Layman [Lehmann], John 1839 – 1911

John Layman (Lehmann)

    Johannes Lehmann, Jr. was born Nov. 1st 1839 in Lauperswyl Canton Bern Switzerland. He was married March 5th 1873 to Mary Smith (Schmitz) and died Sep 26th 1911. His wife, Mary was born May 4th 1852 also in Bern Switzerland. Mary died October 20th 1937.

    John Layman Jr. Chapter IV of the Layman book states as follows; The Farm he purchased is located in Section 29 on the north side of Devil’s Hole Road, and across the road from that purchased by is father in 1856. There was a sawmill on this farm which John operated, along with his brothers Peter and William and brother-in- law John Rothenbuhler. Their first home was a log cabin. It was replaced by a frame house which burned in 1889. The present house was built in 1891. His Army Record states he was 5’ 3 1/4” tall, had a dark complexion, black eyes and black hair.

    The following is from “Biographical Record of Wood Co.”, Beers published 1897. John Layman, a pioneer agriculturist and lumberman of Webster township, was born November 1, 1839, in Berne Switzerland. His parents John and Martha (Magdalena) (Jacobs) Layman, were both natives of that place and were married there. In 1849 they came to Wood County, and purchased eighty acres of unimproved land in Webster Township. Our subject’s father was a man of great energy and practical ability, a Democrat in politics and a consistent member of the Lutheran Church. He died in August, 1872 and his wife survived him until August 13, 1893. Their children were as follows: Barbara; Peter, a farmer in Webster township; Chris; William; John, our subject; and Anne.

Mr. Layman was ten years old when he came to America, and he remembers well the scenes and experiences of Pioneer times, when Indians wolves and mosquitoes kept the settlers in constant dread and discomfort. The first home of the family was a little log cabin, and they nearly starved at times. Their wheat had to be carried thirty miles to mill. When he reached the age of twenty-two, Mr. Layman enlisted in Company I, 111th O. V. I. (Captains Yeager and Norris commanding). He took part in thirty-two hard-fought engagements, the principal ones being Stone River, Allatoona, Resaca, Lost Mountain, siege of Knoxville, Chattanooga, Cedar Rapids, Utoy Creek, Fort Anderson, Raleigh and Atlanta. He was discharged at Salisbury, N. C. June 27, 1865. Returning home, he bought eighty acres of forestland near Luckey and erected a sawmill, which he operated for twenty years. In 1873, he was married to Miss Mary Smith (Schmitz), also a native of Berne, Switzerland. They have four children: Frank, Fred, Mary and Edward. In politics, Mr. Layman is a Republican and he belongs to Benedict Post, G. A. R., of Pembervillle. He and his wife are prominent members of the Evangelical Church of Luckey.

John Layman died a horrible death. The article on the following page from the Perrysburg Journal, 29 Sep 1911, tells of the horrible accident. From the Zion Methodist history we see that John and Margaret Layman were both two of the very earliest converts and were instrumental in the formation of Zion Evangelical, later Zion United Methodist.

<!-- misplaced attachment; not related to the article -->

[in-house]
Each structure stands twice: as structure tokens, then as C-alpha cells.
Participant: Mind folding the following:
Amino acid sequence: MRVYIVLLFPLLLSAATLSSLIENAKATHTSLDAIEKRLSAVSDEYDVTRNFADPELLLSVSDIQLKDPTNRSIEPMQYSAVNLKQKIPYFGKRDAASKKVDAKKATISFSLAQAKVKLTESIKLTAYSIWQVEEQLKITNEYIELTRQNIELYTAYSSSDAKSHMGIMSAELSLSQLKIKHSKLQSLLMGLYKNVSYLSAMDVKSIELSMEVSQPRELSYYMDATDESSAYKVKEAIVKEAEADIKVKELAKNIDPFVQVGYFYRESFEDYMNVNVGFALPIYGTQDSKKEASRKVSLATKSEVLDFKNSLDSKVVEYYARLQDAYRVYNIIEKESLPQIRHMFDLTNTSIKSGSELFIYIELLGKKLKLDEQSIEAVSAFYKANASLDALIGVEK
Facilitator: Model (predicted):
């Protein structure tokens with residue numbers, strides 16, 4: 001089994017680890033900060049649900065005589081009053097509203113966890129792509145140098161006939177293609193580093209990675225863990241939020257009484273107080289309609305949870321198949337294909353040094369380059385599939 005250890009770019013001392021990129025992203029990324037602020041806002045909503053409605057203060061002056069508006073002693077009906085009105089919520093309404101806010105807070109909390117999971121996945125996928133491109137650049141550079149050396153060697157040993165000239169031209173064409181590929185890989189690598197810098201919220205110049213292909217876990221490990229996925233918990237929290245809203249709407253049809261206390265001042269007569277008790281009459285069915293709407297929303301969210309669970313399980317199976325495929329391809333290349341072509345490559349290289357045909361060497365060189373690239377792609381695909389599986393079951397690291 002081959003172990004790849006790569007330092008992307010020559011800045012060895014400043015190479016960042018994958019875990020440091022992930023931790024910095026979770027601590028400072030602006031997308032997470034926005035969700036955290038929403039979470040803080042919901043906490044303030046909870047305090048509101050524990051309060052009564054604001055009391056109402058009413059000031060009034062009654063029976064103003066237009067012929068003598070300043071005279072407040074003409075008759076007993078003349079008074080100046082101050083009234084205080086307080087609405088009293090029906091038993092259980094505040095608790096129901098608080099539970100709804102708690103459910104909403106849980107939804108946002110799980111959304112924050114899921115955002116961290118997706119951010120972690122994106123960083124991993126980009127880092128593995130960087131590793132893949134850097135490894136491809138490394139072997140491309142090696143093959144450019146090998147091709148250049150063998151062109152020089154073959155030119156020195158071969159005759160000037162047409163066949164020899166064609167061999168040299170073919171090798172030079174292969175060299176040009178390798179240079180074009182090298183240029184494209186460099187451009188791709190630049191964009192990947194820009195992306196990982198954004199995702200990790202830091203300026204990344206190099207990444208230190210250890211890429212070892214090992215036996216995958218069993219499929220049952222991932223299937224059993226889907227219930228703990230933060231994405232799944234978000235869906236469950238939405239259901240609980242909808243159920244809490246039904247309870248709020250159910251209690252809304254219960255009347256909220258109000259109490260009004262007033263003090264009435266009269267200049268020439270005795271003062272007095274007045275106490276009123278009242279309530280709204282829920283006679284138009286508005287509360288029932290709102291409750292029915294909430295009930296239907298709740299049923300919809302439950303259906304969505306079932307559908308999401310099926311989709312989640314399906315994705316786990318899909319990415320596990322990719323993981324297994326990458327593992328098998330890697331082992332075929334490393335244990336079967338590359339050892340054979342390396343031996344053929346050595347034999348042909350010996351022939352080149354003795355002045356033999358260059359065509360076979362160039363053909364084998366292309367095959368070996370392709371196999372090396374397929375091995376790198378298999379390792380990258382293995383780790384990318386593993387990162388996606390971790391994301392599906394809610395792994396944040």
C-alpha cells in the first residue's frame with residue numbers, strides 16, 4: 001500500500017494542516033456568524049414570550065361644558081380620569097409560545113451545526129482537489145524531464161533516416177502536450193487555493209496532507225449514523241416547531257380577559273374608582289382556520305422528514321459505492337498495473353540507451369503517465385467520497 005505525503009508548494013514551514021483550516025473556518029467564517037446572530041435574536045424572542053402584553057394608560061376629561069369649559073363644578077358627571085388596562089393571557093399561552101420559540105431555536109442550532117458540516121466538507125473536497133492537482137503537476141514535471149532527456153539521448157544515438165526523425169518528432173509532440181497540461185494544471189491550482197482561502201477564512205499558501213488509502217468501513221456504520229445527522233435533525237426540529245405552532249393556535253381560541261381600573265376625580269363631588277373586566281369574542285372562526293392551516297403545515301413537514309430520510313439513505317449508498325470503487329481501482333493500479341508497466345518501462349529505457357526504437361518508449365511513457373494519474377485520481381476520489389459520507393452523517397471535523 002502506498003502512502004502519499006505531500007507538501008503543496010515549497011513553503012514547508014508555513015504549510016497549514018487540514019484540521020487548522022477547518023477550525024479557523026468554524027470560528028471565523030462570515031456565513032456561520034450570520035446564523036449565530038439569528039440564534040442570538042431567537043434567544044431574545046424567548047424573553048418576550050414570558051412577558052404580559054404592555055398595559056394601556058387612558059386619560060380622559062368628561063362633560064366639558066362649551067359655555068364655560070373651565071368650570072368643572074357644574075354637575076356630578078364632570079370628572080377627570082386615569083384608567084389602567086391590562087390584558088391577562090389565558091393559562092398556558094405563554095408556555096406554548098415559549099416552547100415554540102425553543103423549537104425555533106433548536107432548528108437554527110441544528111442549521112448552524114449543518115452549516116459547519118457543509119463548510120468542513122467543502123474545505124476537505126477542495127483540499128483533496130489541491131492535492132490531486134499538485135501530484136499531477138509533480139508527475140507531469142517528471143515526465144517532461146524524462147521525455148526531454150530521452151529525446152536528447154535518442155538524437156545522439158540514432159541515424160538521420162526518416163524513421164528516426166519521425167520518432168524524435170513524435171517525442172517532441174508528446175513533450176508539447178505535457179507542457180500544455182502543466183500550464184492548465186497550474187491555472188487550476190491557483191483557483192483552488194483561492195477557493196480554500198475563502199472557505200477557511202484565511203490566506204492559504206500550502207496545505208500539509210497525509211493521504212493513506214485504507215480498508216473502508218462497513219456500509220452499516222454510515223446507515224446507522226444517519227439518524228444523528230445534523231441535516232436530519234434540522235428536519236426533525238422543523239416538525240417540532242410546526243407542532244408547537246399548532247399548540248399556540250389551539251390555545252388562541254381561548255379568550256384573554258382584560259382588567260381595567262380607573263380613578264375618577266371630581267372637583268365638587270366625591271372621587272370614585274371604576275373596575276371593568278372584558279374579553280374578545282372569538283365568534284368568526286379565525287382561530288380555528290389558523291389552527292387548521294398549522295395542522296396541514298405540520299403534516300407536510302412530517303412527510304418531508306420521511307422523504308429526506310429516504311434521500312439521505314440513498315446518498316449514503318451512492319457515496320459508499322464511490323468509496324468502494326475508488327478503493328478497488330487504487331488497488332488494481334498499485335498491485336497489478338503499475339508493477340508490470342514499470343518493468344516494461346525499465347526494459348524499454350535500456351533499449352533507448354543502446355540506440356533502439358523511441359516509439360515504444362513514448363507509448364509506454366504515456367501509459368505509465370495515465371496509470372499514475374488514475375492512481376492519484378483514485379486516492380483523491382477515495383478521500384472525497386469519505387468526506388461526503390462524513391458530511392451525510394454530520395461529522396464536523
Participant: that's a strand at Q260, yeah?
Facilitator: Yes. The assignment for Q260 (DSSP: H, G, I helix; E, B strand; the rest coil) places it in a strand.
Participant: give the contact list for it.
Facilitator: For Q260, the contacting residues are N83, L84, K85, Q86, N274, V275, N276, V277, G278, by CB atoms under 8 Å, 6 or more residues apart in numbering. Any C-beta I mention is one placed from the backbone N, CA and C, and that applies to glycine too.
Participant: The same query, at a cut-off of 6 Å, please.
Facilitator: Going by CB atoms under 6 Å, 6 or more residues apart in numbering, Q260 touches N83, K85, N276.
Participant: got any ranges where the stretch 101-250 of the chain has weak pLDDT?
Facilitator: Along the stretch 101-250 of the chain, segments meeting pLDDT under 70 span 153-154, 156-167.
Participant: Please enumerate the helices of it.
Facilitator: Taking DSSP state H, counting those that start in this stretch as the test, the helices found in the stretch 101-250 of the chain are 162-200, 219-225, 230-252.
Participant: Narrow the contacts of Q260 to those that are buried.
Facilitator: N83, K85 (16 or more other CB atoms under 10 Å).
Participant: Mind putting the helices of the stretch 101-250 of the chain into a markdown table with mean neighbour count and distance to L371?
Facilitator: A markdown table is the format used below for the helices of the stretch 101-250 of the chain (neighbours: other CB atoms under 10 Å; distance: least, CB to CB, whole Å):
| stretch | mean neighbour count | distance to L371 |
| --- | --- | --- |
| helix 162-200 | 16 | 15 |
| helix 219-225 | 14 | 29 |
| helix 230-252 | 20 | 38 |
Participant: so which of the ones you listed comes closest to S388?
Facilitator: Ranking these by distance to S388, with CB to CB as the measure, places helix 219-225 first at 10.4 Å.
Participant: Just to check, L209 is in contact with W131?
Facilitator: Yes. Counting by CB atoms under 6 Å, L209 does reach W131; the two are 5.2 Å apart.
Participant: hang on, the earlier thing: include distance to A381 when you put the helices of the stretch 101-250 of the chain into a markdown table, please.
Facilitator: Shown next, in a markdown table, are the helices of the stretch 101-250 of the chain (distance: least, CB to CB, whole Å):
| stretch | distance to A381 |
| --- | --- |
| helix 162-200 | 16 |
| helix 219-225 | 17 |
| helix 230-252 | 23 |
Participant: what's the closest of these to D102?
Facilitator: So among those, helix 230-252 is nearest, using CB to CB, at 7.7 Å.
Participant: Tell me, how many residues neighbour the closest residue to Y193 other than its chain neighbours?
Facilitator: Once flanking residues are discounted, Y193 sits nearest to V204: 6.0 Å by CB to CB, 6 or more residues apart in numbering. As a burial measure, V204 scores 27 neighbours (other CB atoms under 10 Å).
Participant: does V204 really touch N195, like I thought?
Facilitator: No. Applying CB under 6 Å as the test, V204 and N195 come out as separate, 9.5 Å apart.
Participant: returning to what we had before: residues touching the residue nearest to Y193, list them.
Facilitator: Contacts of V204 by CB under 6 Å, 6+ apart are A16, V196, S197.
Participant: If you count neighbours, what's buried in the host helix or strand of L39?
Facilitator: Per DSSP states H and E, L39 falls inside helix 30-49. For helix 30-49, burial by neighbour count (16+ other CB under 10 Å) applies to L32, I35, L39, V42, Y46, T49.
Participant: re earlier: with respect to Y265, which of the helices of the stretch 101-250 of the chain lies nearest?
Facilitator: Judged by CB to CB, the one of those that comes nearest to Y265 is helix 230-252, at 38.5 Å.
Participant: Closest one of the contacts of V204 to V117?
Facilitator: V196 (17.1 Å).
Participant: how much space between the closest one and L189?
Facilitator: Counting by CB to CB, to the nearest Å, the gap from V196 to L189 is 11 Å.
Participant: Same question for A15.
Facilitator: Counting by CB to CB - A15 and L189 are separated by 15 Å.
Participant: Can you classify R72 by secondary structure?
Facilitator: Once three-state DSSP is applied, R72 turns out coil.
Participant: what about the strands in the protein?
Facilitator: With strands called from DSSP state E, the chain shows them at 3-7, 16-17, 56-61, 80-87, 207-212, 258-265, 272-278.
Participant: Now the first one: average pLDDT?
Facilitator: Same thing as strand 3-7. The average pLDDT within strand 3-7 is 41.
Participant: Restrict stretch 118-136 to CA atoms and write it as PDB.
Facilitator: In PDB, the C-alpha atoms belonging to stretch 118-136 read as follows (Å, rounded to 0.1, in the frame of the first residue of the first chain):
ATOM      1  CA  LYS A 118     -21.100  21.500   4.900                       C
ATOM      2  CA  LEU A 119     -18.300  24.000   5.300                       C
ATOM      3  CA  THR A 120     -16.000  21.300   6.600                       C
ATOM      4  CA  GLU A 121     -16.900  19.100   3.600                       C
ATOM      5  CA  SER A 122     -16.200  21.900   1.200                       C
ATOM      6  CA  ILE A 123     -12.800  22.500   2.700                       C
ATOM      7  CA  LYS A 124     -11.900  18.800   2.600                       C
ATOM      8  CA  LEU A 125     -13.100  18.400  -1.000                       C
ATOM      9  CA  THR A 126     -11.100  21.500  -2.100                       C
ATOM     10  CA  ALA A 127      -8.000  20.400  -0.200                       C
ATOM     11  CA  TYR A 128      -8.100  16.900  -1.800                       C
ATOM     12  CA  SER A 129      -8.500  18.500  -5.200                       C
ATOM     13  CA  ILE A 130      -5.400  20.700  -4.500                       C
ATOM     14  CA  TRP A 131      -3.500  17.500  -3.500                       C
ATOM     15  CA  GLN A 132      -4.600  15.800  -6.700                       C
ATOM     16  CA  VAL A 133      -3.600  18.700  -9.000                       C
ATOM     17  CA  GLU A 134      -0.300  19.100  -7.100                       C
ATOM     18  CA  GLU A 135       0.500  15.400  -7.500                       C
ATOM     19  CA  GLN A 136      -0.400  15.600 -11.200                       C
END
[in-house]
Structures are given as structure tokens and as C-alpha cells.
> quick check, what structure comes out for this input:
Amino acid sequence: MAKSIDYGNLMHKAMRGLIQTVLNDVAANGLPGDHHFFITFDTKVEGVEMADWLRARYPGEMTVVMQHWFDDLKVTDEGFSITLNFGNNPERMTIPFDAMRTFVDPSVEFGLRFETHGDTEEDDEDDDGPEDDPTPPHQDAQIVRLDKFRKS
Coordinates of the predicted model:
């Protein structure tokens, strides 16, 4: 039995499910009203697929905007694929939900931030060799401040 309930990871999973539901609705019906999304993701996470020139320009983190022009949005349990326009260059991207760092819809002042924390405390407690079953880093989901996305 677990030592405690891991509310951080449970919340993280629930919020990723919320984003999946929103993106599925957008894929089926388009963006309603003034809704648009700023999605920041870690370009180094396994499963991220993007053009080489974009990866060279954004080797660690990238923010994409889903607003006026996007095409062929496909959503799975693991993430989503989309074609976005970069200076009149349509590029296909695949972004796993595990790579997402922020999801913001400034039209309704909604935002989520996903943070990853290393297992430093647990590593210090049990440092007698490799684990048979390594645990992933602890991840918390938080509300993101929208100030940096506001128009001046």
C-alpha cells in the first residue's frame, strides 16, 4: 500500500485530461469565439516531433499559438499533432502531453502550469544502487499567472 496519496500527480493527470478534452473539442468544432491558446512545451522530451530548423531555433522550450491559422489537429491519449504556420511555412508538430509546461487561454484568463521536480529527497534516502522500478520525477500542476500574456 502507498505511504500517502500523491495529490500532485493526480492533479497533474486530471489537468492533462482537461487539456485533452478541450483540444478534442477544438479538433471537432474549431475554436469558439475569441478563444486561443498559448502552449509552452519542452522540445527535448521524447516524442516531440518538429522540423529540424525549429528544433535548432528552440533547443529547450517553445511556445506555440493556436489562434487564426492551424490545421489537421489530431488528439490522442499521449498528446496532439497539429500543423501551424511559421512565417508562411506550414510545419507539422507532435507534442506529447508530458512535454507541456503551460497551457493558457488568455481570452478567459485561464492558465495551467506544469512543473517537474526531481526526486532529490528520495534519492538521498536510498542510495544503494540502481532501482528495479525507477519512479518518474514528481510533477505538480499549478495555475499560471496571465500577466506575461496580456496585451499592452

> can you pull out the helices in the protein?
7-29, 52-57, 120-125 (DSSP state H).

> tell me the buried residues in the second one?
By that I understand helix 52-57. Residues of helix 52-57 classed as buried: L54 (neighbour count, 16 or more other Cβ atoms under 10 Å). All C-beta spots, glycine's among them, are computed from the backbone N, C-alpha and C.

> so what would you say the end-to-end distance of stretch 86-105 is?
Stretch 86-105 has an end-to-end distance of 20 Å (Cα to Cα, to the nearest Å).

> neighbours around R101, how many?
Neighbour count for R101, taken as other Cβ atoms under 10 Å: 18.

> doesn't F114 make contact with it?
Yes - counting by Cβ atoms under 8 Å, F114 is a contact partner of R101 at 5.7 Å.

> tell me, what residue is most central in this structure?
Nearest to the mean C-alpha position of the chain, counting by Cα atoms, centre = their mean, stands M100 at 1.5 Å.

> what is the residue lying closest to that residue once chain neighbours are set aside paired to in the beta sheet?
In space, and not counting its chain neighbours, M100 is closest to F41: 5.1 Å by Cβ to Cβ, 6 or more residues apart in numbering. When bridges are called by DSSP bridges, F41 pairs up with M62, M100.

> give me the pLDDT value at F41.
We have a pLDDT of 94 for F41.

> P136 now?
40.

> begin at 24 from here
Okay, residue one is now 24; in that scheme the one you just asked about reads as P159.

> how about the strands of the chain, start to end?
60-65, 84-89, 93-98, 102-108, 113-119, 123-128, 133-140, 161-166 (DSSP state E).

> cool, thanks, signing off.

• Children of John, Jr. and Mary, with their spouses
  • 1. Mary Ann Lehmann B 18 Sep 1873 D 18 Mar 1957
  • + George Schudel B 24 Sep 1891 D 30 Jul 1942
  • 2. Frank John Layman B 24 Oct 1877  D 16 Apr 1964
  • 3. Fred Jacob Layman B 1 Apr 1879 D 9 Aug 1951
  • +Lydia M. Zingg B 5 Apr 1889 D 8 Dec 1972
  • 4. Edward William Lehmann B 3 Apr 1889 D 9 Nov 1966
  • + Margaret Davis B 24 Feb 1896 D 29 Mar 1996


“ DRANK LYE And Died in Terrible Agony Soon After”

   John Layman, 72, wealthy farmer, residing near Le Moyne, died at 5 o’clock Tuesday morning after 18 hours of agony caused by drinking lye mistaken for water.

   Layman, upon returning home from a trip to town shortly before noon Monday, started to drive to a field where his sons were working to exchange teams with them. He had bought a jug of oil and when he started for the field put a jug of water on the wagon to take to his sons. He halted midway at another house on the farm and for some unaccountable reason picked up a jug containing lye and put it on the wagon. Stopping to open a gate leading into the field where his sons were at work, Layman, evidently thirsty, drank from the jug which contained the lye, and as the fiery liquid burned his throat, staggered about and fell to the ground.

   His sons, noticing his actions hastened to the gate and found their aged father clutching his throat and writhing upon the ground unable to speak. The jug with part of the lye spilled upon the ground told the story of what had happened. The sons hurried their father to the house and administered what relief they could until a physician could be secured. The lye had burned throat and stomach so badly however, that death ensued Tuesday morning.

   Mr. Layman was born in Switzerland and came to Wood county with his parents when 10 years of age. They settled on a farm directly across the road from the one on which Mr. Layman died.

The dead man is survived by a widow, three sons, Frank, Fred and Edward, residing at home, and a daughter, Mrs. George Schudel, of Lemoyne. He served throughout the civil war as a member of Co. I, 111th O. V. I.

   The funeral was held at the Evangelical church at 10 o’clock Friday morning with burial in the Luckey cemetery.